The Hindu newspaper reports that more than three million baby girls died in India between 2001 and 2011. The statistics are grim, but this “alarming trend” is nothing new– baby girls have been killed at birth or in the first months of life for generations. The number of female deaths is rising along with the rising costs of weddings and the dowry required. Parents of baby girls face a life of poverty. When their daughters reach marriageable age, the family will be required to pay the equivalent of many years’ income to the family of the prospective husband. Women in villages all across the country find it easier and more practical to kill their baby girls. No one in the extended family is happy when the family returns from a clinic or hospital with a baby girl. So the baby quietly disappears or the family reports she died at birth.
Today in the state of Gujarat there are fewer than 800 girls for every 1,000 boys. There aren’t enough young women to enter into marriage which has spiked the number of kidnappings of young women from neighboring countries. As widespread as this problem is, little is being done to stop the practice. In an effort to build awareness and stir government leaders into action the country celebrates International Day of the Girl Child. The picture above says it all: tears of blood and a plea to save the lives of baby girls.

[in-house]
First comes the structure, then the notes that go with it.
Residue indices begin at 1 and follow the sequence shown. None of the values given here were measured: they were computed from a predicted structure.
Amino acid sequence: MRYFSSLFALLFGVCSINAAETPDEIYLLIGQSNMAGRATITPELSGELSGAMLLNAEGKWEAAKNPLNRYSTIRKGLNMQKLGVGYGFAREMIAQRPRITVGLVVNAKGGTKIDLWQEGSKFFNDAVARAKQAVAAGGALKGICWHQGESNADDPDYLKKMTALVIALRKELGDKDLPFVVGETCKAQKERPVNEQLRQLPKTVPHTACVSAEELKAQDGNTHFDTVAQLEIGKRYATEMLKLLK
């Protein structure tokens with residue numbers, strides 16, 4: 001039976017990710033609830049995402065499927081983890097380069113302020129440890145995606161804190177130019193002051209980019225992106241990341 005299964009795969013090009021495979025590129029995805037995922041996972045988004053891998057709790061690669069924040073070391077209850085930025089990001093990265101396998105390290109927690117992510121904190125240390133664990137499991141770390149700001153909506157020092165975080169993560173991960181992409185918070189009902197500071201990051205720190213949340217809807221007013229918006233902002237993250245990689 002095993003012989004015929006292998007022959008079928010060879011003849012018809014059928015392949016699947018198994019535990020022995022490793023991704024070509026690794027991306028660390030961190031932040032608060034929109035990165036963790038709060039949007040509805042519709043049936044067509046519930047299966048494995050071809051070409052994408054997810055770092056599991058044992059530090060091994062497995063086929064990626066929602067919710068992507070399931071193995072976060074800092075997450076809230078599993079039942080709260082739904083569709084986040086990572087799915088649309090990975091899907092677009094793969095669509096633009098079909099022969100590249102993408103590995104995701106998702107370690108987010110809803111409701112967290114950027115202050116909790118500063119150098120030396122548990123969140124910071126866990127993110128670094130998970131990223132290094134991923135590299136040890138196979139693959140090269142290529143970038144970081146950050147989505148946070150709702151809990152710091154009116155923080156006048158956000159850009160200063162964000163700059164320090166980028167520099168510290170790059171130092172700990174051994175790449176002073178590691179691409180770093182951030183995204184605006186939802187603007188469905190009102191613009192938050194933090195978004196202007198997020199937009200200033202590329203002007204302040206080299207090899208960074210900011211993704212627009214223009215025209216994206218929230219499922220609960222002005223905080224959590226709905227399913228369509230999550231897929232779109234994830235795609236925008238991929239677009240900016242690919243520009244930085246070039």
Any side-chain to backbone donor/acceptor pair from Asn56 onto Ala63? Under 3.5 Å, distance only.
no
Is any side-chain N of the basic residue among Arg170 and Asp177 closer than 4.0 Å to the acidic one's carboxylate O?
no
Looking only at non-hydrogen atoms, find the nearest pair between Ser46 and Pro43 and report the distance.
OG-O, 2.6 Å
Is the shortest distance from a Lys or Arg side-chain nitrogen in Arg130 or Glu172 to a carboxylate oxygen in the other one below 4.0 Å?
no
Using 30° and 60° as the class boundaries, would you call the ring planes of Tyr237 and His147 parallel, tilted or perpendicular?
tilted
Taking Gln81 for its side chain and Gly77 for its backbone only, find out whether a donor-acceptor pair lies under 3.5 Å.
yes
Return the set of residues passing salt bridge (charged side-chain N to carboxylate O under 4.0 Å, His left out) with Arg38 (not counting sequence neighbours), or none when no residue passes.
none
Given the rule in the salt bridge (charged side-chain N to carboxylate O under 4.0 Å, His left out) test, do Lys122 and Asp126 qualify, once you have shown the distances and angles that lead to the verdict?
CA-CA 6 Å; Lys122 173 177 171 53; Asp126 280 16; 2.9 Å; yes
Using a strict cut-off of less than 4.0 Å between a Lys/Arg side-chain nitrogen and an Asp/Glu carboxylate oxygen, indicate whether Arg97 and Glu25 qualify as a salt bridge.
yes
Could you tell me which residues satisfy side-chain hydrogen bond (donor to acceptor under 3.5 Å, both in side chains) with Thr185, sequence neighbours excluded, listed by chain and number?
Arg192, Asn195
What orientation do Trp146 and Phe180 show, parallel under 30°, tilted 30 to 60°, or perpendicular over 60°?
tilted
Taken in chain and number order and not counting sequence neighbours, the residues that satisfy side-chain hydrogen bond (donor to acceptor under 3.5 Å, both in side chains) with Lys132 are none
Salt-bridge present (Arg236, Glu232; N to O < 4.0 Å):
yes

You can help. Go to www.girlbabyhome.com and read about the work of Russal and Kumari Raj. They rescue baby girls and extend their love by making them part of their family. The Girl Baby Home is currently in the process of being licensed by the government to house and care for more baby girls at risk. Read about their struggles at the website.